Business View Caribbean interviews Daryl Griffith, Acting Executive Director and CFO of the Virgin Islands Housing Finance Authority.
The promotional tagline of the Virgin Islands Housing Finance Authority (VIHFA) says it all: “Unlocking the door to affordable housing.” Formed in 1981, the VIHFA serves as a one-stop shop for safe, decent, affordable housing for the U.S. territory’s low-to-moderate income residents, addressing what had been a shortage of homes and apartments that met that criteria.
“It was started to assist low and moderate income people in the Virgin Islands to become homeowners,” says Daryl Griffith, the agency’s Acting Executive Director and CFO. “It’s basically a component unit, but an independent instrument of the government, meaning that it has its own Board of Directors.”
VIHFA and the Virgin Islands Housing Authority are sister agencies. “The Housing Authority deals mainly in rentals for low-income individuals, so they deal with Section 8 vouchers and things of that nature,” Griffith explains. “We also do some rentals, but our main purpose is to try and make Virgin Islanders homeowners, in the low-to-moderate income sphere.”
The agency’s definition of low-to-moderate income – from the mid-$20,000s up to $175,000 ($150,000 for St. Croix) – might be an eyebrow raiser for residents of the U.S. mainland, but Griffith says that range reflects how expensive homes are on the islands. “The fact of the matter is that on St. Thomas, because we’re a small island with a lot of dollars coming in from various places, the average price of a single-family home with three bedrooms is about $500,000,” he states. “We’re the only game in town that would sell the same home for half of that.”
Today, VIHFA is the territory’s local administrator for several U.S. Department of Housing and Urban Development programs, including the Community Development Block Grant program and the Emergency Shelter Grant program, which serves the homeless. The agency also oversees the HOME program, which provides low-interest loans and grants, primarily for first-time home buyers, and the Low Income Housing Tax Credit program, which helps create affordable apartment communities with below-market rents through tax incentives to property owners.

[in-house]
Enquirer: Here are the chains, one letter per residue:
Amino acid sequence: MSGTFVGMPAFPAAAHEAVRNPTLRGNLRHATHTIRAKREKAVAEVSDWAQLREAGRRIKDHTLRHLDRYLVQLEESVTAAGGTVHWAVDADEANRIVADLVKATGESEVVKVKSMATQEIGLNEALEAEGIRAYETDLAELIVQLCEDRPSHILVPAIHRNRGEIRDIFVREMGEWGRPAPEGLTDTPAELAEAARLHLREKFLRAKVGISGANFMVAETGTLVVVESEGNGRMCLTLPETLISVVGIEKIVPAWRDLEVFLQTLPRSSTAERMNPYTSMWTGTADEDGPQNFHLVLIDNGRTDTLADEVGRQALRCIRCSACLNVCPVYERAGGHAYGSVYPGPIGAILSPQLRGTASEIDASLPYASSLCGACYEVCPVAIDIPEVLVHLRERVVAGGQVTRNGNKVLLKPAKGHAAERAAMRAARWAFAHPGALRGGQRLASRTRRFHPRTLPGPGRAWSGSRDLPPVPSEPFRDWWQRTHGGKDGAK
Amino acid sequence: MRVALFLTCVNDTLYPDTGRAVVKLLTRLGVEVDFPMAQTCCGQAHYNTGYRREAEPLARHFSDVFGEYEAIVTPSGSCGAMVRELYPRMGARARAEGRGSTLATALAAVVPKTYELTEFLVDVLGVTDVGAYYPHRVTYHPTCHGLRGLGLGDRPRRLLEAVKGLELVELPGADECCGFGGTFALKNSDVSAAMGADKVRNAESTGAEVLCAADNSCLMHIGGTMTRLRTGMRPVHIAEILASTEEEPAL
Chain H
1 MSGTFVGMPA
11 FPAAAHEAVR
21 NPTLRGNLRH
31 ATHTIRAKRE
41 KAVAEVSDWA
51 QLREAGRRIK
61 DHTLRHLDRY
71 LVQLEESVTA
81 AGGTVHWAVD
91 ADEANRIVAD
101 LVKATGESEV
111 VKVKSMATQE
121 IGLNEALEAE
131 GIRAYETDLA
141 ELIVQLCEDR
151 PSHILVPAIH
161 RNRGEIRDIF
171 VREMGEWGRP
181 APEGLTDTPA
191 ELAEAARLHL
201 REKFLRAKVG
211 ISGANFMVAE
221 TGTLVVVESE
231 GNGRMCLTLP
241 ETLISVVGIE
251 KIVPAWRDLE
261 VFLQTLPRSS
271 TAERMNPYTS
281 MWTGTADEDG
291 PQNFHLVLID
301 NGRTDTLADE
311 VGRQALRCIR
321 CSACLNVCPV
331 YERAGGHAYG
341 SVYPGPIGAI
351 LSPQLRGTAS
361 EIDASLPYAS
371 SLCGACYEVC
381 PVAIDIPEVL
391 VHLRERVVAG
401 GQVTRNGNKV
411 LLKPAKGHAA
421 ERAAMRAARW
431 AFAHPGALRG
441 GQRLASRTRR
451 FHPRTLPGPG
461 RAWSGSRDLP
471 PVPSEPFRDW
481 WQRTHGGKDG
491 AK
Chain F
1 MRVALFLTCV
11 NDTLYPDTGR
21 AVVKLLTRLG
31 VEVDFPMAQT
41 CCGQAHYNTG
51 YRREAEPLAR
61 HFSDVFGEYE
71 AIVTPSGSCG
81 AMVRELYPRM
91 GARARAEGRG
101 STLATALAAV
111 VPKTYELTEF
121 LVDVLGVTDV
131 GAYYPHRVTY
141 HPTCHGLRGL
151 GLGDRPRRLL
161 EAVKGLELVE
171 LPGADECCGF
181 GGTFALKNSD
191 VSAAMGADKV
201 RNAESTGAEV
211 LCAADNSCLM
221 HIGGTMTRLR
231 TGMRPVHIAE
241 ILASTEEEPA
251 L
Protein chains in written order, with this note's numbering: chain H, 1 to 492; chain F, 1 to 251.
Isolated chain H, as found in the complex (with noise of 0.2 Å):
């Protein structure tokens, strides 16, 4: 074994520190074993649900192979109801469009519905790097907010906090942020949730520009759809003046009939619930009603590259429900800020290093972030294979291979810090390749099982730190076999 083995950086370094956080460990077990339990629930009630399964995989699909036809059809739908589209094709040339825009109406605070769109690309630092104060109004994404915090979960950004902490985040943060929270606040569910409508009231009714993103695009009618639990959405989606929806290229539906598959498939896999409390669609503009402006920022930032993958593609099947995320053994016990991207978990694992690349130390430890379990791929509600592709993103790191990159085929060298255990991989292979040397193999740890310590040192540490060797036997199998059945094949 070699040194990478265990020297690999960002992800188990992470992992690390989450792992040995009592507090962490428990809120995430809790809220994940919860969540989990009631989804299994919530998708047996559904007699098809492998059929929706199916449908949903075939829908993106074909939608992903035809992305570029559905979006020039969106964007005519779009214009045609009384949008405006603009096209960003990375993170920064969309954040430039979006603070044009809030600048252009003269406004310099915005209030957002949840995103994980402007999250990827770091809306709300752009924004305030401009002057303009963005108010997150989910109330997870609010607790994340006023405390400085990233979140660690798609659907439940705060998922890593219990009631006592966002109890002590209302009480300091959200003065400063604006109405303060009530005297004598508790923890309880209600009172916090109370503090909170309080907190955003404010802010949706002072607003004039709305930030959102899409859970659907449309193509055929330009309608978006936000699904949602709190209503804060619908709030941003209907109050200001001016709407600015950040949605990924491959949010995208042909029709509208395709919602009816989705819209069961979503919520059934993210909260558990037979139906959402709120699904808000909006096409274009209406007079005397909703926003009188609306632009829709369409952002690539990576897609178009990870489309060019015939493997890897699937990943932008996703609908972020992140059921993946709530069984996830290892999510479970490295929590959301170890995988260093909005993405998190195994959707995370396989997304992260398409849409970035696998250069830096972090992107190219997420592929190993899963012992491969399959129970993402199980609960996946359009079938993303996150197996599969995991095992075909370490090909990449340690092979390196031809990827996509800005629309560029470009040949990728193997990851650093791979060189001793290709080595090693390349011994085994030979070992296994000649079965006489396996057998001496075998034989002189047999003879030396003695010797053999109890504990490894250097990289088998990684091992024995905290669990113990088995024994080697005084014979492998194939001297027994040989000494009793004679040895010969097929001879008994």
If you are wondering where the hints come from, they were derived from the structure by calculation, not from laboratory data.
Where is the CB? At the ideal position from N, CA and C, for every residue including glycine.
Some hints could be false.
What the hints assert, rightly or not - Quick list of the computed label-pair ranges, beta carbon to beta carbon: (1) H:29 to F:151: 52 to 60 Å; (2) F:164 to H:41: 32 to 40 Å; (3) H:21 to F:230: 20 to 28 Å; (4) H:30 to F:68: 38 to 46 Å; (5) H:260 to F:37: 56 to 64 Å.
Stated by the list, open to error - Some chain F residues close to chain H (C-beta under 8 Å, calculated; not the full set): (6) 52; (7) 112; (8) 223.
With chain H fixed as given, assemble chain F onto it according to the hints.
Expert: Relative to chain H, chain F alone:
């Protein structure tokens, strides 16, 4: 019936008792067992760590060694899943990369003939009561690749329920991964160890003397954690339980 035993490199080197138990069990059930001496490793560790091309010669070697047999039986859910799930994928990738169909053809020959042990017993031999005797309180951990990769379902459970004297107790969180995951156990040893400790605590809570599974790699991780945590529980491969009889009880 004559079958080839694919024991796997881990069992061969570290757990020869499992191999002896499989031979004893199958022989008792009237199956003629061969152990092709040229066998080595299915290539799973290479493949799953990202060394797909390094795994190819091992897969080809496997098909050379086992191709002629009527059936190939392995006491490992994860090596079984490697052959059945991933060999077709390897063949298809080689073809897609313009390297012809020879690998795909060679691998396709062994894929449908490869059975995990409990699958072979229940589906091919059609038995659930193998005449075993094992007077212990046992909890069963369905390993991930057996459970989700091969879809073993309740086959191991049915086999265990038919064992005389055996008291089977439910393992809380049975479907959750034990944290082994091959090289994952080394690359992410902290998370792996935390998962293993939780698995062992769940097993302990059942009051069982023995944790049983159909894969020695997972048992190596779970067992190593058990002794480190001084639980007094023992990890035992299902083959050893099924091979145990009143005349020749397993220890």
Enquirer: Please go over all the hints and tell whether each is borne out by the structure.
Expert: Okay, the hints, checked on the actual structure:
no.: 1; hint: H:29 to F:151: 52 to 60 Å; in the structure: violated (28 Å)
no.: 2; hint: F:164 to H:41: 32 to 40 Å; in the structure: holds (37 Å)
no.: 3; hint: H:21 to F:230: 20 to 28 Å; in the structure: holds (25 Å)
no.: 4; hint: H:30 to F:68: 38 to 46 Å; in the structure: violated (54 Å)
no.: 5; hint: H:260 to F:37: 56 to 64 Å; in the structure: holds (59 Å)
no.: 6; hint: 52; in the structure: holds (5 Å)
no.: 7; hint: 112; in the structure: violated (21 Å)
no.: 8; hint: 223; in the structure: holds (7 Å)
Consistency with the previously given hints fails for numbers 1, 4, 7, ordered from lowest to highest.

VIFHA funds are commonly used to supplement bank loans that clients have arranged for a home purchase. “A lot of the times, we’re actually in the second position,” says Griffith. “So, for example, say the home is $250,000. They’ll go to a bank and they’ll get a traditional loan for $200,000, and we might be in second position and give them a loan for the difference, or a grant, depending on their income.”
The agency also sells lots at discounted prices that clients can use to build a home using self-arranged or agency financing. “When we were originally established, we were given lots from the central government; we were given tracts of land to develop” Griffith says. “Some of the lots that we’re developing now were given by the central government, but some, like our Whispering Hills development on St. Thomas, are on land that the authority purchased itself.”
Griffith acknowledges that, while the amount of land available on the small islands isn’t infinite, the supply of available lots is still plentiful. “But we’re starting to look at in-fill development, looking at those homes and those areas in the towns and different areas around the islands that have become rundown,” he avers. “We’re basically starting to do our own version of gentrification, but doing it for the local people to make sure they are able to afford a home.”